It’s an exciting time for L&D:

 Where do you see L&D going? 

Don’t miss posts from the other DevLearn bloggers! 

Music is Becoming Social Again (#DevLearn)

During this week's "Ukulele Learning" sessions at Devlearn 2015 my copresenter Shawn Rosler showed a chart with whole, quarter, and eighth notes and asked who had ever struggled to learn music this way. A lot of hands went up, accompanied by some headshaking and grimacing. He then led us on a fun activity based on this image.

One of the takeways for participants, I hope, is that learning music can be fun, especially when shared. 

Not all that many years ago, before Mr. Edison invented his wax cylinder, music was something you had to go somewhere to hear unless you played an instrument yourself. Churches had pianos and organs, and communities had local gatherings of musicians both impromptu and planned, amateur and professional. People gathered together to listen and play. It was social. Then mass produced records brought teenager dance parties and whatnot, and if you listened to records at home, well, others heard them. 

In the 1980s music took a turn with the advent of "personal listening" devices like the Walkman. It was great for not subjecting others to your musical taste, but it also shut out those who might be interested. 

Now, with the proliferation of new tools, music is becoming social again.  Songs you listen to can be auto-published by products like Spotify. Others can like it, share it, be reminded of a favorite song, or go check out something new themselves.  You can create collaborative playlists. You can share playlists.  

A wonderful recent development: As the ukulele becomes more popular, more and more open ukulele jams are popping up in cities and even suburbs everywhere. They typically welcome novice players, usually offer something in the way of introductory lessons or support -- sometimes just the promise of starting with easy 3-chord songs-- and are usually filled with amateurs just wanting to gather and play and be happy.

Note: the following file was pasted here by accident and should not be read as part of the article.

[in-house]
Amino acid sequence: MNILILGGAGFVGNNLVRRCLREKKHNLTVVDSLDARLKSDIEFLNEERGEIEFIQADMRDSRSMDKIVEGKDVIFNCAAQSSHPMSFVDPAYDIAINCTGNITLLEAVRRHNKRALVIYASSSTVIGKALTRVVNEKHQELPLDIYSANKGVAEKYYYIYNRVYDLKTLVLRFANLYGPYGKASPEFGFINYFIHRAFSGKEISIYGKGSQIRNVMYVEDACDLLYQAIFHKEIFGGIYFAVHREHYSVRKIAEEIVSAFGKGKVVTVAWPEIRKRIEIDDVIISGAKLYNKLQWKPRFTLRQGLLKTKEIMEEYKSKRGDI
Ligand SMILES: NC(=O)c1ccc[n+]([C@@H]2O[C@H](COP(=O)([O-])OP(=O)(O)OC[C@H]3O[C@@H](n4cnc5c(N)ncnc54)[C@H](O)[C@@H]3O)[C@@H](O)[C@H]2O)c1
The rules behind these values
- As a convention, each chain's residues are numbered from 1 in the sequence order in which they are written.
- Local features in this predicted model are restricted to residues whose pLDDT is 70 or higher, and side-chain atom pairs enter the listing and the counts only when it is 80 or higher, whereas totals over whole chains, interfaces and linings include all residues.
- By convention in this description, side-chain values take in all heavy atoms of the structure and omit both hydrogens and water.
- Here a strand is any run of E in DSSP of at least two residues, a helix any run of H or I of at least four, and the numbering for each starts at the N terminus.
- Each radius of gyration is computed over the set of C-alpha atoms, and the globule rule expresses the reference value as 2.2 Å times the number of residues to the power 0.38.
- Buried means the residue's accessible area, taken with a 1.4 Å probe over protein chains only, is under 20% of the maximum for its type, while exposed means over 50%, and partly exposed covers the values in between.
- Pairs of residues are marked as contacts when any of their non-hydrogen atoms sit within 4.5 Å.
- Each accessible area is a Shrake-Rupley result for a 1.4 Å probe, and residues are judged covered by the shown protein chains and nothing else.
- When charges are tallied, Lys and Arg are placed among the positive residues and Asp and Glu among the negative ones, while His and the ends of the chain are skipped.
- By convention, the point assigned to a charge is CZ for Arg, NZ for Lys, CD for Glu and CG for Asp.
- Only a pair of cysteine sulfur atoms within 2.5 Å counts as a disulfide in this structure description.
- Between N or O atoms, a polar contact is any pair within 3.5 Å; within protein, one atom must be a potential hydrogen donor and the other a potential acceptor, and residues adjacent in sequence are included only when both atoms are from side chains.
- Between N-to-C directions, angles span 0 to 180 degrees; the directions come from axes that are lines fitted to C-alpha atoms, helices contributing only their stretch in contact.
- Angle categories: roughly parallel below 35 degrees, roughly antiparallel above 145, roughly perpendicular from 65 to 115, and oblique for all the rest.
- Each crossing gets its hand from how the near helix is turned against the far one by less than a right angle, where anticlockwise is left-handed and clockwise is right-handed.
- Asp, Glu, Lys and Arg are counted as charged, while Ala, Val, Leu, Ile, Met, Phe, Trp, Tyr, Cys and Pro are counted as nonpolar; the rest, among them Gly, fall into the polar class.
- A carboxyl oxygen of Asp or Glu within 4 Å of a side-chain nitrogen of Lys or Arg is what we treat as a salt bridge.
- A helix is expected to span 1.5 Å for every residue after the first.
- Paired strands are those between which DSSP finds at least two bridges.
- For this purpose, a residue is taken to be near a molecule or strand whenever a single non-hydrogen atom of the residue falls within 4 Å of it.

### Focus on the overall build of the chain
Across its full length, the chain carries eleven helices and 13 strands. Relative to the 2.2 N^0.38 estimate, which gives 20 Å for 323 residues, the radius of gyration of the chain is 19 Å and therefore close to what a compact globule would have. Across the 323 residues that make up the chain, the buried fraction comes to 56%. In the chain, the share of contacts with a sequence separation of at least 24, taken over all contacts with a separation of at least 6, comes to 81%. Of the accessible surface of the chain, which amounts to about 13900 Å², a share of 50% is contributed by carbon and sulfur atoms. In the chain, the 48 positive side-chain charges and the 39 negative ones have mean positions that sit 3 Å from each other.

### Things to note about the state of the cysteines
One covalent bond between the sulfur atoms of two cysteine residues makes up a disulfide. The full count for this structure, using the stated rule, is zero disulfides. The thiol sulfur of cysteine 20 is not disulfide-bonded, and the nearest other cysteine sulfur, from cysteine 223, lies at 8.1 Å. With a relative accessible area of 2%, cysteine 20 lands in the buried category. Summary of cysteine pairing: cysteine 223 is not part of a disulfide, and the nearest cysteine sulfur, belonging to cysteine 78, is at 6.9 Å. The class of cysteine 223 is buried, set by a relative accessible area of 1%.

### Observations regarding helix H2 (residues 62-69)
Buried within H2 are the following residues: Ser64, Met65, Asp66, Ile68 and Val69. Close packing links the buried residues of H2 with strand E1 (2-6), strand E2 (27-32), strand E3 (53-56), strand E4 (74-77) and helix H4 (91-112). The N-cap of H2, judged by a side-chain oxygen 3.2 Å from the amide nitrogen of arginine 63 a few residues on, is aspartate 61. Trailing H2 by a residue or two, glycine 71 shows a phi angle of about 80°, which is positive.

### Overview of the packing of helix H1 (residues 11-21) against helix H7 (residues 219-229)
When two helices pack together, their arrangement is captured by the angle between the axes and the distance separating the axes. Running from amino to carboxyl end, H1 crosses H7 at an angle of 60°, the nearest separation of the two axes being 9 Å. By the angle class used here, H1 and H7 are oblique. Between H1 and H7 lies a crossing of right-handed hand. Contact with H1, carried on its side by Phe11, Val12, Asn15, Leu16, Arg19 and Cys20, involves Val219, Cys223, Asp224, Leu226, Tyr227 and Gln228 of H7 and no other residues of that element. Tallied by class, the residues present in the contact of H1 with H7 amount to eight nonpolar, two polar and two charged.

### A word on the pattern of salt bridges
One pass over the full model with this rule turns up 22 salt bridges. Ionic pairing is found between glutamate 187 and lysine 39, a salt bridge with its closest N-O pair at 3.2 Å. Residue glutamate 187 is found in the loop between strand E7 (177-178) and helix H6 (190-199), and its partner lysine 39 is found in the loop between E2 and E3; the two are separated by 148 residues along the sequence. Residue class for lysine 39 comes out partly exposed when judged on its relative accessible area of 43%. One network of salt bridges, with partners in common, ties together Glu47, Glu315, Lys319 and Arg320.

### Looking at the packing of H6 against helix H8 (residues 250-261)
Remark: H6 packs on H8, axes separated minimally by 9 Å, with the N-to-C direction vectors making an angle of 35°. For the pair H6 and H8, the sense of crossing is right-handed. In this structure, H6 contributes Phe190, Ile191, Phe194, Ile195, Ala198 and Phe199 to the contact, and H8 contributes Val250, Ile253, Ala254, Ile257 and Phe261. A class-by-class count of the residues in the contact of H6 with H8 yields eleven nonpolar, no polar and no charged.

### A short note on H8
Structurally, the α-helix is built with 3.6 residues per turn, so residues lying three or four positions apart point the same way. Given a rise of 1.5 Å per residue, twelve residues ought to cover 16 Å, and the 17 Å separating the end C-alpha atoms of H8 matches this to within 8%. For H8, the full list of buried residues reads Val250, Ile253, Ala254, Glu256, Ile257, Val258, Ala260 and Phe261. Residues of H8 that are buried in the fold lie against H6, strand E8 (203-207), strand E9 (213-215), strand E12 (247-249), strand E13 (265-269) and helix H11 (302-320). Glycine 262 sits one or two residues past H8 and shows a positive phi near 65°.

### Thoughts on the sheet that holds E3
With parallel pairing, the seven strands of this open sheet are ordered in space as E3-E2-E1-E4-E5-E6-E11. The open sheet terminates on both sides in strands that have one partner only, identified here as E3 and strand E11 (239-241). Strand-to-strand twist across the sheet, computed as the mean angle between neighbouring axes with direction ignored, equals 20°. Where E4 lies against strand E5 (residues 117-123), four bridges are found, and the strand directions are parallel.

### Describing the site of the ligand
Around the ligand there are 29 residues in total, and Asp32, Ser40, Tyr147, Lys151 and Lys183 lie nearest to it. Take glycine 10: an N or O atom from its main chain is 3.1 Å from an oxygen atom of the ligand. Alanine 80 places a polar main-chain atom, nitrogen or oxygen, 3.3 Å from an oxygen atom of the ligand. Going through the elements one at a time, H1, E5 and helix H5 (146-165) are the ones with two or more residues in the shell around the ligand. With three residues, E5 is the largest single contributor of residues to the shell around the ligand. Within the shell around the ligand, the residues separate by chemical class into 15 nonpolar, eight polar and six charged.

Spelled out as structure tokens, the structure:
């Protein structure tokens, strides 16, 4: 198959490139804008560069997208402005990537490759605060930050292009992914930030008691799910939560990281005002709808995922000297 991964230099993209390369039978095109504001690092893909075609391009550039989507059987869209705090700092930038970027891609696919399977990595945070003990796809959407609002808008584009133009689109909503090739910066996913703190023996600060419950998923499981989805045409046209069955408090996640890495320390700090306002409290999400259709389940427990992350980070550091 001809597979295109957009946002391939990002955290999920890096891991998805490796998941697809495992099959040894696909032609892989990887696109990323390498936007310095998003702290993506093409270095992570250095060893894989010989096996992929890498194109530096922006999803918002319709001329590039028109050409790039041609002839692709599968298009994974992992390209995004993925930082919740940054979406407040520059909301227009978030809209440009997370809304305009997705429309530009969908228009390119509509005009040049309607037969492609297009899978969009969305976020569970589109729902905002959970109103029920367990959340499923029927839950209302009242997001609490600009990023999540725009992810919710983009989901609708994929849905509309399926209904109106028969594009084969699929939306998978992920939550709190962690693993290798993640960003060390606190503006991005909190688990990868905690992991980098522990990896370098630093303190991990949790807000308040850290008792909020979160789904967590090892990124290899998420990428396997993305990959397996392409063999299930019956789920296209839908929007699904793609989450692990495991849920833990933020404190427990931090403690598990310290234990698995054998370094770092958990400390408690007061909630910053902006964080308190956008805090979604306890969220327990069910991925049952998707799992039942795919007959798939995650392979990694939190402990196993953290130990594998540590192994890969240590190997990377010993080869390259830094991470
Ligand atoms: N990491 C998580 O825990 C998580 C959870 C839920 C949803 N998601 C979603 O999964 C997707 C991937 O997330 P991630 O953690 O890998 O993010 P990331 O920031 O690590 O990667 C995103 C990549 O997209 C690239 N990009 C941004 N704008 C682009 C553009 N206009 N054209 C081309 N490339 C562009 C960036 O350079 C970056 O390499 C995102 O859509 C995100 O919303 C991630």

One of my favorite aspects of the uke jams are the way they are age-agnostic. Jams I've been to welcome and even embrace young players. Here's a guy who comes to my local (Durham, NC) jam and stays as late as his dad will let him:

And here's a first-person video from a fellow relearning after many years:

One of his YouTube-based teachers: 

Music is a great mood lifter and memory-enhancer and helps increase the brain's neuroplasticity, important as we age. Take up an instrument. If you already play, find a way to share it more. Find a community. Have fun! 

Wednesday, September 30, 2015

"Ukulele Learning" Devlearn Session Recap

“Ukulele Learning” session recap: 

Update: This has proven to be a popular session and has been on the annual DevLearn program since its inception in 2015.  Shawn and I will be offering it again on Thursday, October 24, 2019.  In the past, after the conferences, ukuleles used in these sessions are donated to the Children's Hospital of Nevada. This year the idea expanded into a "Guild For Good" initiative with DevLearn attendees asked to bring additional toys and craft materials to contribute to the hospital. Many thanks to the eLearning Guild for the support. 

Devlearn  2015 Session Recap: 304 (will be repeated Thursday Oct 1 as session 518)
Jane Bozarth, Shawn Rosler, Ellen Wagner

Ukulele Learning:  Music and the Brain
Since so many colleagues of mine have taken up the ukulele recently I wanted to have a uke jam at Devlearn.   We could play together and offer introductory lessons to those who wanted to learn to play. Knowing that people might not want to add a uke to their travel loads, I asked David Holcombe and David Kelly if the eLearning Guild might buy a few to have around.  They said sure, but with a catch: The experience needed to be tied to a concurrent session with a topic related to learning. We did the first session today to a packed house: 15 ukes, 24 maracas...and 72 kazoos. What a good time! 

So I recruited helpers Ellen Wagner and Shawn Rosler, and together we developed “Ukulele Learning: Music and the Brain”.   The session focused mostly on ways music can be used to enhance our work by taking advantage of its affordances:

1. Memory and Retention.  Music has powerful uses as a mnemonic, from tying new vocabulary and ideas to familiar tunes (see students reciting the Chinese dynasties to the tune of “FrereJacques"), to helping fix an idea (see Conjunction Junction), to tapping into prior learning. Oliver Sacks, in his years of work with patients with dementia, said: “Music memory remains when all other types of memories have failed.”